The Pierre Auger Observatory may be very useful for environmental science in general and particularly those concerning aerosols. The observatory is located in an area subjected to local emissions of soil dust but also to long-range transport of aerosols having marine, terrigeneous or anthropogenic origins. Such transported aerosols are often located at high altitudes and can be detected by laser beam scattering, in-situ aeroplane, kite or balloon sampling. They reach ground level during deposition processes. On the other hand, locally emitted aerosols are more present at ground level and can be well characterized by performing ground-based sampling on filters (see Sect. 3.4). This should allow investigations of the chemical composition and particularly of the content in iron bearing particles that can absorb blue light Lafon2006 (). These aerosols can reach higher altitudes and be forward transported far away in the general sub-Antarctic atmospheric circulation (see Fig. 12). Because of the sporadic character of aerosol emission pulses, continuous sampling should be carried out. Transportation models, including air mass trajectories, can provide a framework to understand the behaviour of the aerosol loading the atmosphere over the observatory, and assessing impacts on the Southern Ocean.

5.3 Aerosol characterization and proposed action at the Pierre Auger Observatory

In the previous sections, we have pointed out the influence of the aerosol and deposition chemistry on their potential impacts. Routine measurements are already being done using lidar systems, and particle number size distribution determined using optical particle counting. For mass balances, the particle mass size distribution will be deduced using model that makes assumptions about density and particle shape RL_N_3 (). Some preliminary sampling campaigns were done, using filtration or impaction. For filtration, air is pumped through a filter, often a membrane with a m porosity. For impaction, a narrow air jet is directed against a plate, the overall geometry of the system will separate by impaction particles following their aerodynamical diameter. The larger particles impacting on the plate stay attached, whilst the smaller ones do not. If several of such impactor plates are cascaded, we obtain a so called cascade impactor which can deliver up to 13 size segregated levels of particles with a decreasing aerodynamical diameter. With a simple computation method, a continuous size distribution in mass can be rebuilt RL_N_4 (). Filters and plates must be brought to laboratory where various chemical analyses are performed. Because of the high variability of atmospheric conditions and compositions, we propose to set up a continuous time series of aerosol sampling, allowing a quantitative annual budget. This continuous aerosol survey will run at Coihueco station, on a weekly basis. Various measurements will be done on filters: elemental analyses and more complex chemical analyses, including solubility. The only limitation is the preservation of the sample, which is not an issue except of contamination. In-situ experiments will use only small pumping systems and optical counters and do not need more than some hundreds of watts of electrical power. Most of time, work will be done at the laboratory.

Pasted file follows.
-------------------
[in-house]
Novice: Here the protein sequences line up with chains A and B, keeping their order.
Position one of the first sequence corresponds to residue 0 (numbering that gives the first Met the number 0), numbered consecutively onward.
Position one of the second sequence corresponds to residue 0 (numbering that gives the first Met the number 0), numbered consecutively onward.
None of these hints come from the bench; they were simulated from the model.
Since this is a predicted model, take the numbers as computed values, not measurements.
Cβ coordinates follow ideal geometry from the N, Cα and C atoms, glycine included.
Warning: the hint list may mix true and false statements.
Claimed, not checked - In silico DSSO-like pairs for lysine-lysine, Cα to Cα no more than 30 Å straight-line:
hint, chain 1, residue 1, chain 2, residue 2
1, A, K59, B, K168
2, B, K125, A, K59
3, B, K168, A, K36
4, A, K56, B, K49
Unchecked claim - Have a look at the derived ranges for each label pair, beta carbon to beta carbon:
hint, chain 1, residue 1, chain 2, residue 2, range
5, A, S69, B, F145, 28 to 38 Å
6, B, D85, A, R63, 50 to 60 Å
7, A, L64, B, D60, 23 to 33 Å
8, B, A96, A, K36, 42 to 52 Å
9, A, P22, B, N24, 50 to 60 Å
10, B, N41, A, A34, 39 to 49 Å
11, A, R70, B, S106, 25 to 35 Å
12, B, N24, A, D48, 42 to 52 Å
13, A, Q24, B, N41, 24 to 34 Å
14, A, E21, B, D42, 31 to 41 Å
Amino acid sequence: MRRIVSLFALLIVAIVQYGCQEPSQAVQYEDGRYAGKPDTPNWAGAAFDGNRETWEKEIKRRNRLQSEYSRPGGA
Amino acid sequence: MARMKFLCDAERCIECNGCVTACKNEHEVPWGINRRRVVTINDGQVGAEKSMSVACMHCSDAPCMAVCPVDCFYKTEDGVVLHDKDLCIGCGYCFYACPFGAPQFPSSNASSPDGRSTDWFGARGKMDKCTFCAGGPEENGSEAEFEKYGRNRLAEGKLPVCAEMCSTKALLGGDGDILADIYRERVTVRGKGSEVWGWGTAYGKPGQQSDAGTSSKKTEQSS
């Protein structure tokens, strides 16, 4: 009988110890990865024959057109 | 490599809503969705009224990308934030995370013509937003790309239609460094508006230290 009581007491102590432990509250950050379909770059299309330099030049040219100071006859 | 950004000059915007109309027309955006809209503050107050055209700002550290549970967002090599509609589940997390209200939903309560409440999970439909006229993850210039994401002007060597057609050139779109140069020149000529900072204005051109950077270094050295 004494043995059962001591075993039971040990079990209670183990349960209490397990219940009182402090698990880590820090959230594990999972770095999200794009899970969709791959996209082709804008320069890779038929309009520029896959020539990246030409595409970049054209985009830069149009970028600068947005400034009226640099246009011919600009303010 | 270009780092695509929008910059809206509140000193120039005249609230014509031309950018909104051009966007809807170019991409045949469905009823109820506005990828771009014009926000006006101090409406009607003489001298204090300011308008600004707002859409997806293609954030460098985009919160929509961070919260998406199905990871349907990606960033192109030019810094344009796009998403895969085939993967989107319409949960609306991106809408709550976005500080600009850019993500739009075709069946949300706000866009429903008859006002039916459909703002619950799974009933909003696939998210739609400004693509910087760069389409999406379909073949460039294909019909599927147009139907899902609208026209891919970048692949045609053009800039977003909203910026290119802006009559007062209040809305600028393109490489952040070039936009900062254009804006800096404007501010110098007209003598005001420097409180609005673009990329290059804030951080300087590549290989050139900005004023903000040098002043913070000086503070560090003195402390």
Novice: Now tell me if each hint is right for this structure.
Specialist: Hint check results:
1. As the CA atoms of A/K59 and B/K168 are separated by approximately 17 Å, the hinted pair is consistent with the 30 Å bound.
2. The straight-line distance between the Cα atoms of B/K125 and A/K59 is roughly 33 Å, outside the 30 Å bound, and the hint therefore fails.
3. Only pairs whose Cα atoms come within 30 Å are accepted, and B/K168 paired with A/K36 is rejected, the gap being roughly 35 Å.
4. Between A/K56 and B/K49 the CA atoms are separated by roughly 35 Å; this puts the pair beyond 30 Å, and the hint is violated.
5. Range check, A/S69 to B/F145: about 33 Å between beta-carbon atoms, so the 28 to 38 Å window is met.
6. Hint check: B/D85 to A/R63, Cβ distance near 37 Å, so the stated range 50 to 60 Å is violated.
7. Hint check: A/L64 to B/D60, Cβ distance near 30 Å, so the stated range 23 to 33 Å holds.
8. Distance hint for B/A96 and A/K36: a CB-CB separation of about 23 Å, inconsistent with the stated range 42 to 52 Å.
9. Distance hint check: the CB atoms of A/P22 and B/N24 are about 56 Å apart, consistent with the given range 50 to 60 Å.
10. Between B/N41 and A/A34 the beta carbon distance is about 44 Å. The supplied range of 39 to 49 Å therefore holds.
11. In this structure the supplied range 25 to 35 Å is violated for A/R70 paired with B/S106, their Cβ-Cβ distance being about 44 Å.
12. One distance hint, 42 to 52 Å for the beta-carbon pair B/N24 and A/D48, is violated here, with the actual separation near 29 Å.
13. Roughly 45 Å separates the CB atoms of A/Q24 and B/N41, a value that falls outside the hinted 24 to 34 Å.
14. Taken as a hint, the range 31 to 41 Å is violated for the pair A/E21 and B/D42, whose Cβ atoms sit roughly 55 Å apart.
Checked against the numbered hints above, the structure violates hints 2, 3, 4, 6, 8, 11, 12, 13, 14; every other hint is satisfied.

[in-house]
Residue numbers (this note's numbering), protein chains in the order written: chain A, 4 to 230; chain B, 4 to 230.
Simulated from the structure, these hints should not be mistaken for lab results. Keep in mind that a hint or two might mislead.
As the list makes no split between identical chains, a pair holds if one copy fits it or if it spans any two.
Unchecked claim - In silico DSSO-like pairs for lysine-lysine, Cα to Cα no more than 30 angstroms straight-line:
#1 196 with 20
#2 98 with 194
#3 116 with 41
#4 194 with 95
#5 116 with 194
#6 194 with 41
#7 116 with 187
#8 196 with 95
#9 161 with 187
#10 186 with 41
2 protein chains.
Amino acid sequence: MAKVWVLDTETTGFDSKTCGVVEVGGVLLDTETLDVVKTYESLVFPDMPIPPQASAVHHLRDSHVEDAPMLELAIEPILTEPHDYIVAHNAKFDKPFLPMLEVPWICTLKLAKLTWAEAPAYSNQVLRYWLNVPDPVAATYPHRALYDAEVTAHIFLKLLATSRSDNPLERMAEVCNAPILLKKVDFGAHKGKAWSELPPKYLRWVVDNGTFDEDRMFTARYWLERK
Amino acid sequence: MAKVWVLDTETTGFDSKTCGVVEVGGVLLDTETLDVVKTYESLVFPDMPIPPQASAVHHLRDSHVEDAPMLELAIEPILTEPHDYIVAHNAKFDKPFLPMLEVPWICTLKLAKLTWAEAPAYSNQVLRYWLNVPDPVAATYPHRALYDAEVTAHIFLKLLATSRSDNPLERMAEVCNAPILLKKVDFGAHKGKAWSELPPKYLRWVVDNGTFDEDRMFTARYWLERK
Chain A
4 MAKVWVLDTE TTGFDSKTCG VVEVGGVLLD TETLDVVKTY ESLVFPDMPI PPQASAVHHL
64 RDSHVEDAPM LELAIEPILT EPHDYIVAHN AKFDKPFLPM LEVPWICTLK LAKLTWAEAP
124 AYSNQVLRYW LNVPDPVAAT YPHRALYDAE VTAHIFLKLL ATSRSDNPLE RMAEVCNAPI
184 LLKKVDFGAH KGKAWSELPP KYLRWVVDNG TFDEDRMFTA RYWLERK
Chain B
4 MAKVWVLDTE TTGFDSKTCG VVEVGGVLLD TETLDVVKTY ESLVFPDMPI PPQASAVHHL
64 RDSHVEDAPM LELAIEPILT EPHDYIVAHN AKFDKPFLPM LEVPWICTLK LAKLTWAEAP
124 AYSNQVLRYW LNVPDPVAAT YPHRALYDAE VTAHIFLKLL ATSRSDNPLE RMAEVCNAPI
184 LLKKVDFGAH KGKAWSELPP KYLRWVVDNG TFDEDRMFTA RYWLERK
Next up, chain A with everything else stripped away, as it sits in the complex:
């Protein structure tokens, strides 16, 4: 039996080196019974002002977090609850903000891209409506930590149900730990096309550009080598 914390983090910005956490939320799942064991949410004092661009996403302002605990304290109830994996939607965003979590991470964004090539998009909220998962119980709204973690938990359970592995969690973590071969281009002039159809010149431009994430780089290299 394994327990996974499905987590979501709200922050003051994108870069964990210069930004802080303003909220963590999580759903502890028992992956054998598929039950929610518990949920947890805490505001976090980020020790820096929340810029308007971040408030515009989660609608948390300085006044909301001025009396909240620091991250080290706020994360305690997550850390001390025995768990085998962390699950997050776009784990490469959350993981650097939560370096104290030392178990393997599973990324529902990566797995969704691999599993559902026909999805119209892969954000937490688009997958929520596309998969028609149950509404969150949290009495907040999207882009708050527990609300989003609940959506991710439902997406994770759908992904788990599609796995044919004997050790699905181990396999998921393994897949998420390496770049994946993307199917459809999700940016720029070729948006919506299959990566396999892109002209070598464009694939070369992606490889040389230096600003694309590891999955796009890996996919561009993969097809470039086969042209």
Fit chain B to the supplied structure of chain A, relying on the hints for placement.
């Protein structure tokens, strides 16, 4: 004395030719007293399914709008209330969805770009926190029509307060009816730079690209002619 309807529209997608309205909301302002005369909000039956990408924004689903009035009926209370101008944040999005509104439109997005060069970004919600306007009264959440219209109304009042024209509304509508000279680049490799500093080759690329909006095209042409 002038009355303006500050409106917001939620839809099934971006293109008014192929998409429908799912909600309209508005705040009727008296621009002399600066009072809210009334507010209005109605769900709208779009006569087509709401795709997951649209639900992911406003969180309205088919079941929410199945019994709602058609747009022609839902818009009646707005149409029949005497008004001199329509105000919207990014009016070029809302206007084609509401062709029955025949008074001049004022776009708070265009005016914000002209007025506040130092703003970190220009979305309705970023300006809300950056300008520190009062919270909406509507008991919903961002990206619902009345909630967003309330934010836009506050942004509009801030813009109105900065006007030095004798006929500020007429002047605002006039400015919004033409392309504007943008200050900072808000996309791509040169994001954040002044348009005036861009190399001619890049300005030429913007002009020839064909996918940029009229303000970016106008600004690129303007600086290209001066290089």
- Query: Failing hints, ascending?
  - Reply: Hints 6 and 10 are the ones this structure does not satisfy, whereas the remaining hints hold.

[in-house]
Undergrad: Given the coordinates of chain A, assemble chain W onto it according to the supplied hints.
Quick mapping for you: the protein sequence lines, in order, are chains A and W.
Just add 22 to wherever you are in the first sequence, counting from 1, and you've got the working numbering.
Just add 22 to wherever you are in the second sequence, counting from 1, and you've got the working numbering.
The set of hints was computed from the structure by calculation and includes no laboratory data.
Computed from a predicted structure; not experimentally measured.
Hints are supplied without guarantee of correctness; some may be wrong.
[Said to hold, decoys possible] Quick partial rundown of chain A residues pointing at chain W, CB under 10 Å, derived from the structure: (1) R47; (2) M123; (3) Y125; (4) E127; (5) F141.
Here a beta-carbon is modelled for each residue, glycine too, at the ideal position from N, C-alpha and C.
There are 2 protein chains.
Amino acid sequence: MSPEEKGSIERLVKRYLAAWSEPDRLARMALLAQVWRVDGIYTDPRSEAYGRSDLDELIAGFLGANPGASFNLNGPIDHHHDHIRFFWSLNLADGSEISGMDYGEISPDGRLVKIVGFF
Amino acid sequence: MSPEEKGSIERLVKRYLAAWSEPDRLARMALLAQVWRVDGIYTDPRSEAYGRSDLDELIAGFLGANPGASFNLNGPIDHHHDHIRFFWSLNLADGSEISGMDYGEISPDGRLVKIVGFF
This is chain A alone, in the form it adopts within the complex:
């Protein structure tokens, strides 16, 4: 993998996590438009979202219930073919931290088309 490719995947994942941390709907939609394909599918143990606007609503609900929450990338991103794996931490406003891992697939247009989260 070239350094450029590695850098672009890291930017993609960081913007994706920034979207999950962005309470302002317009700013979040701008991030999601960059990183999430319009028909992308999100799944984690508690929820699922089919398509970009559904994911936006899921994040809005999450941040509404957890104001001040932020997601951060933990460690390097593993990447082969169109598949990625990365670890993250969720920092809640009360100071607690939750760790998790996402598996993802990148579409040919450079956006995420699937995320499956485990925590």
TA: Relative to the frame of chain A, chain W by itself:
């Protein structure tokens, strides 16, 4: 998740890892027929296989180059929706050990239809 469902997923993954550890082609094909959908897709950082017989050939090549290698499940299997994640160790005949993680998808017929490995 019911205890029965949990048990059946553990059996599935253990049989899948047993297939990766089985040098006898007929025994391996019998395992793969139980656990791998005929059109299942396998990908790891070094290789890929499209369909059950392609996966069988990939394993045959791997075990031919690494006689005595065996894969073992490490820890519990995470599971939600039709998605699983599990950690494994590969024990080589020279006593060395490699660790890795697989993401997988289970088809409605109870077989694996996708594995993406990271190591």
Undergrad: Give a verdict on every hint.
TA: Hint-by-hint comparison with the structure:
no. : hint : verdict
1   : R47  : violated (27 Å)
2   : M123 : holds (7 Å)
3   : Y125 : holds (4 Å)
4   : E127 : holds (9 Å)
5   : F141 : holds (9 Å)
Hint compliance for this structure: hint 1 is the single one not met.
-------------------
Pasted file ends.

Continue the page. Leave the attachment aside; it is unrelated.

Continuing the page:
For elemental analyses of collected samples, thin layer X-Ray fluorescence spectrometry is operated in laboratory without any transformation of the sample RL_N_6 (); RL_N_7 (), and at high rate and low cost. PIXE (Proton Induced X-Ray Emission) can also be used RL_N_7 (); RL_N_8 (). To access ultra-trace amounts and isotopic determinations, samples have to be digested in a mixture of various acids, to put all the sample in a soluble form. Elemental analyses are performed by Inductively Coupled Plasma Atomic Emission Spectrometry (ICP-AES) RL_N_9 () and Inductively Coupled Plasma Mass Spectrometry (ICP-MS) RL_N_10 ().